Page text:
A: The cyborg bill of right is only for conscious cyborgs. It is only for cyborgs that can meet the criteria for citizenship. Historically, one of the main ideas of citizenship has been the ability to participate in political discussions in the polis. In ancient Greece, you had to be a soldier and fight for your city state in order to be a citizen, which is not an idea I want to totally discard. I argue in my book that in order to be a good cyborg citizen you need to commit yourself to your political community, which is now the earth as a whole.
And there needs to be a serious commitment that is more than voting a little; you have to be willing to sacrifice yourself. Killing is not a very effective political approach, so I am not saying we need to be killers or soldiers, but you need to be willing to risk your life for your community. Otherwise we won't have a strong enough political community to deal with the incredible forces that technology is producing. Advances in technology are just so intense. The power that will go to centralized authority ... from the ability to read minds to biologically controlling people with psycho pharmaceuticals, the surveillance society ... So if we don't have a much more proactive type of citizenship we're doomed.
Q: Some people would say that this is an overly optimistic point of view and would argue that the whole idea of cyborg and the integration of body and technology is actually rooted in military thought, in the idea of adapting the human body to the standard of perfection and control of a machine that cannot fail. Your perspective seems to be more of an emancipatory and positive one.
A: There is no doubt that one of the major sources of the cyborg is the military, because of the whole paradox of contemporary war. War is now too complex for machine intelligence, and too fast and deadly for human bodies, so man - machine systems have been created. Another source of cyborgisation is the capitalist impetus that leads to a more effective integration of workers in their environment. And that can be very dangerous. But I am not optimistic - if you ask me what are the chances that we will have a wonderful future as opposed to a horrible future or no future at all, I would say the latter is more likely. But I do think there is a chance that we can have a livable future, and that won't be by stopping technology. I am not a technological determinist in general, but we are not going to stop technology, and we are not going to stop cyborgisation. It's overdetermined, there's too many forces pushing for it - not just the military and work, there are the fantasies of young people, and everyone's fear of illness and death, another source of cyborgisation.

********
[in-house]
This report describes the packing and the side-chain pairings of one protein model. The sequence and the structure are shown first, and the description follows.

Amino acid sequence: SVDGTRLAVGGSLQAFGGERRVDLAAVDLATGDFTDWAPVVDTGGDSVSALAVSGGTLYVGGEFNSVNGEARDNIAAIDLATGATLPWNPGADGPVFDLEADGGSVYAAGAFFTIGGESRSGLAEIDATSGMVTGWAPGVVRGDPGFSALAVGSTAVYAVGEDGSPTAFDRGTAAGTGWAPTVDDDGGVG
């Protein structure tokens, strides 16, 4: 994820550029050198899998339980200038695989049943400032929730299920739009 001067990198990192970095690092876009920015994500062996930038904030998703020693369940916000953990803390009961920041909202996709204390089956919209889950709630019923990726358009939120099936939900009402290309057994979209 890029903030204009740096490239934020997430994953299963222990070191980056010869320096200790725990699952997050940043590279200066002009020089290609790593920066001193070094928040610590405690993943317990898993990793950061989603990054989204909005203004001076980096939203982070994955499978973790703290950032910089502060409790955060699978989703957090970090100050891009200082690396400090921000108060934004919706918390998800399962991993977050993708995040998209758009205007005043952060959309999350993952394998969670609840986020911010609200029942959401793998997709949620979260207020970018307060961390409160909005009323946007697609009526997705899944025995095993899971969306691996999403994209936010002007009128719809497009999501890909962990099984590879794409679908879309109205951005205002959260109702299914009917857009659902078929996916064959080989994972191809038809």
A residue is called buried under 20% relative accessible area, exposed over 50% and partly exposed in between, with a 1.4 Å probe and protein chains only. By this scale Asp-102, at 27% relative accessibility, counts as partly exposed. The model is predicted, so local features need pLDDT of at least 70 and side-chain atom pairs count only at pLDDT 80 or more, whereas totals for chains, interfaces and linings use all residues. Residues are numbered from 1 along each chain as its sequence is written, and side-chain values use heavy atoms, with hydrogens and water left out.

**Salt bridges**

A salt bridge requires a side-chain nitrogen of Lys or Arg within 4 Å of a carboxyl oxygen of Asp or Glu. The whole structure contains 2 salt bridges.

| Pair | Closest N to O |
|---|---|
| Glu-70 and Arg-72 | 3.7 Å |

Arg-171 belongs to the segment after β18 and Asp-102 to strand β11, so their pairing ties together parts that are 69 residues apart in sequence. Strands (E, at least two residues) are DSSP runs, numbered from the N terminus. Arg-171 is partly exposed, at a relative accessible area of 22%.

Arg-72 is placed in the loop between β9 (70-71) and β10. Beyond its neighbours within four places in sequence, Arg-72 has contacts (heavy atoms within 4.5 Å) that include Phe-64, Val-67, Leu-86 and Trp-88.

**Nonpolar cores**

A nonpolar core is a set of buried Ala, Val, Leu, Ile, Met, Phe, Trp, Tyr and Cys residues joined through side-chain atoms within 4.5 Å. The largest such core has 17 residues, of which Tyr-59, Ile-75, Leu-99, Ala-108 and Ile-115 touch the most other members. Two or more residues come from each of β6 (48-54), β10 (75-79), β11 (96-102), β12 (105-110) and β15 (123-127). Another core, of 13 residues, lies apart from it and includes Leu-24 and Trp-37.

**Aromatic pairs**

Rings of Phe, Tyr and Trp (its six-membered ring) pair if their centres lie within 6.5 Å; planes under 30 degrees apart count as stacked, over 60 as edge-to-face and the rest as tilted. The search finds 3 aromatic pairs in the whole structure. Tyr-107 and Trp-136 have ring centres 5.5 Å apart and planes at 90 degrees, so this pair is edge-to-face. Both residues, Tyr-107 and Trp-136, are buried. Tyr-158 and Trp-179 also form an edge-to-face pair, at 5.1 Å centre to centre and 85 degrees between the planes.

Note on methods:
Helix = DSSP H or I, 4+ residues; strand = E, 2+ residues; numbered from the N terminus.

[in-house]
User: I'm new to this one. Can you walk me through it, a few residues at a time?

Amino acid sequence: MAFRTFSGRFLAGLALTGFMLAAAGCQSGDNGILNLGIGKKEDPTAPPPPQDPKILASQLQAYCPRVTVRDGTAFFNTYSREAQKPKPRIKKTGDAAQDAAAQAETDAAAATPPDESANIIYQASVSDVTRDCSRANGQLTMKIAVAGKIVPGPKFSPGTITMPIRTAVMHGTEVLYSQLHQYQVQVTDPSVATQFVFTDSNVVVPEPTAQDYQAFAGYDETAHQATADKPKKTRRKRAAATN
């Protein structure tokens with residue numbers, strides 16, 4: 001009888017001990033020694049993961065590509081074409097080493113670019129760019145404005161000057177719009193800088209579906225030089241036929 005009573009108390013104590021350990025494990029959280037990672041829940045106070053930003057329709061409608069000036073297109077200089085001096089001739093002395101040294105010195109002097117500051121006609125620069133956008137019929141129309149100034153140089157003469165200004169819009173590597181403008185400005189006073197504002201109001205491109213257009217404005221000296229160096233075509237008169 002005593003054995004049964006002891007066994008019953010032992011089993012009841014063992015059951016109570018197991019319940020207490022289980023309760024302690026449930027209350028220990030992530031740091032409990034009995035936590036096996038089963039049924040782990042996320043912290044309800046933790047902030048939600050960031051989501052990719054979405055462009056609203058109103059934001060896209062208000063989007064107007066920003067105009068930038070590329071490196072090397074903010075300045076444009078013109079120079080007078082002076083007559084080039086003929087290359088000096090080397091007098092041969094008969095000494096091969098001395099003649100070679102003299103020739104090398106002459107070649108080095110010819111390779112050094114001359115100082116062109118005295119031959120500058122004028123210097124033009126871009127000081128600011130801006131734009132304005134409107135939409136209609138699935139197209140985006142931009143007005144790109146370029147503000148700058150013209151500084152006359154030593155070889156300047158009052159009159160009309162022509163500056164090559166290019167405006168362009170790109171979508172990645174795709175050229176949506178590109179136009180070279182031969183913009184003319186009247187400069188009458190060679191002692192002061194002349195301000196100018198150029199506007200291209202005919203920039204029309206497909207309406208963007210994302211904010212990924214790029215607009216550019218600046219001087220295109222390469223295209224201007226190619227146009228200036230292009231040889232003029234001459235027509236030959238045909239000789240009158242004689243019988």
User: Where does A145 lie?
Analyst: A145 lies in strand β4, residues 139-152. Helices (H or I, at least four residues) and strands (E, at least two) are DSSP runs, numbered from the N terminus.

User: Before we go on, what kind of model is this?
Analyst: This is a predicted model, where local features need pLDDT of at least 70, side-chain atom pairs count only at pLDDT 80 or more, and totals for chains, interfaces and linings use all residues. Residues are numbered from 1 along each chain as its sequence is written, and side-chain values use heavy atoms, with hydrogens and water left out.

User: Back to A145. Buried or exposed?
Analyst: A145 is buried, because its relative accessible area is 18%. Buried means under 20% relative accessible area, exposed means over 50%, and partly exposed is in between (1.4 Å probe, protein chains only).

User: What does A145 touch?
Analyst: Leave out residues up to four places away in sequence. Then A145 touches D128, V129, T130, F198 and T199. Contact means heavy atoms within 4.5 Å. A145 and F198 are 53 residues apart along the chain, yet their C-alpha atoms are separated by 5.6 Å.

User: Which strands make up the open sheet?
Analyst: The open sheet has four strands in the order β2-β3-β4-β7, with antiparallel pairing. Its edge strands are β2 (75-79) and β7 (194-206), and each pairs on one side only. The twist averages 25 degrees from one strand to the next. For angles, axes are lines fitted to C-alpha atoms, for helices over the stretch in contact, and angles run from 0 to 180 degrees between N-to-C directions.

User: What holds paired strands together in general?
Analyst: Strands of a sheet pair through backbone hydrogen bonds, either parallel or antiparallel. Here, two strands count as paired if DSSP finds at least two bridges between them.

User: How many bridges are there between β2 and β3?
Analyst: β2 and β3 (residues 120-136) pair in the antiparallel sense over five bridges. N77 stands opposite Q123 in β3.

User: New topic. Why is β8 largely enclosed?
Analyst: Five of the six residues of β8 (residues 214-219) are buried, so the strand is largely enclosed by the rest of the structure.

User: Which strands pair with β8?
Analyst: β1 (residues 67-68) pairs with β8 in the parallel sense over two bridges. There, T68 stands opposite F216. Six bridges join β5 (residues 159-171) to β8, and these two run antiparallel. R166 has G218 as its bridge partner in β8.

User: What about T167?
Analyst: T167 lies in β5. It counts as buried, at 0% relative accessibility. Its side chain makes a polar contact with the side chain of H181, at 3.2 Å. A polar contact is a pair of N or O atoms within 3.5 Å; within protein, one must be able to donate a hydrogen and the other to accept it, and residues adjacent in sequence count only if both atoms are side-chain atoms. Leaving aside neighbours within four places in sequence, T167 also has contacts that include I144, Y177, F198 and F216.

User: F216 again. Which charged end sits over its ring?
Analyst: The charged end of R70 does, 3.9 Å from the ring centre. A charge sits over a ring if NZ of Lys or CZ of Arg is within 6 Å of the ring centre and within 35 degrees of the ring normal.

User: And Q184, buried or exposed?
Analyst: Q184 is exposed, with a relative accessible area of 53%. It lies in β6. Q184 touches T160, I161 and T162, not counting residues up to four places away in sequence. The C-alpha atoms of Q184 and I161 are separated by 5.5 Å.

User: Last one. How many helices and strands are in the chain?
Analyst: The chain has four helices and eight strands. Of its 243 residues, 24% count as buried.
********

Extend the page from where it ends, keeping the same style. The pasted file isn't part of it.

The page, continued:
There is this giant ethical debate that tries to determine which technologies should be developed and which not. That is very good and healthy. But the problem is that a lot of these experiments that people think are wrong are happening in secret anyway, by the military, by capitalist corporations hiding out in Mexico or somewhere, which will do human cloning, and will do other things that people find horrible. So we need a much more effective way of dealing with these issues, non-governmental or cooperative bodies that try to prevent the development of technologies that are horrific.
But first of all, we need to stop putting massive amounts of public resources into creating technologies that are designed to enslave or destroy us, such as all of these military technologies - star wars, better human-machine interfaces for weapons, better training, better use of drugs. All of this is meant to destroy other humans or even ourselves and is a tremendous waste of resources. But it all gets back to the political process, and the only way that we are going to survive is that people become much more active. A cyborg citizen is not necessarily a cyborg, as I said, but a cyborg citizen really has to be a citizen who is very proactive and very much involved in shaping political realities. The pace of technological changes is too powerful, and the forces that want to take technoscience into horrible directions are too numerous and too powerful and they will make tremendous profits and accumulate enormous power if they are successful. So we need a much more active citizen, and that will be a cyborg citizen.
Q: Do you think there are any new forms of dependence involved in the cyborgisation. Many would argue that the more technical you become, the more technology is integrated into yourself, that you become dependent on forces you cannot control. For example, I cannot fully control whether the vaccination I get is actually going to have the desired effect..
A: I think what would be wise for people to do is reflect on the whole human races long-standing relationship to technology. How well would Paleolithic people have done without fire or without spears? And if you take Neolithic humans, who were the early agriculturalists, look on how dependent they were on the weather. Even now in Montana, where I live, a lot of my friends are ranchers and are totally dependent on the weather. So we are already dependent on nature, and we are dependent on our tools. There is a danger when we become dependent on these technologies, but for example my partner, the mother of my children, she had an overactive thyroid, if she had not gotten medical treatment for that, she would have been dead at ten. Now she is totally dependent on artificial thyroid, but otherwise she would be dead. Many older people would be dead without technology ... but what do you say: better be dead then dependent on these technologies? What you really have to do is be very conscious, and this is part of what being a cyborg citizen is, being conscious of what is being done with you. The Internet makes it easier for us to challenge the experts. I see a lot of advantages to these kinds of technologies. But you have to be a conscious consumer of new technologies.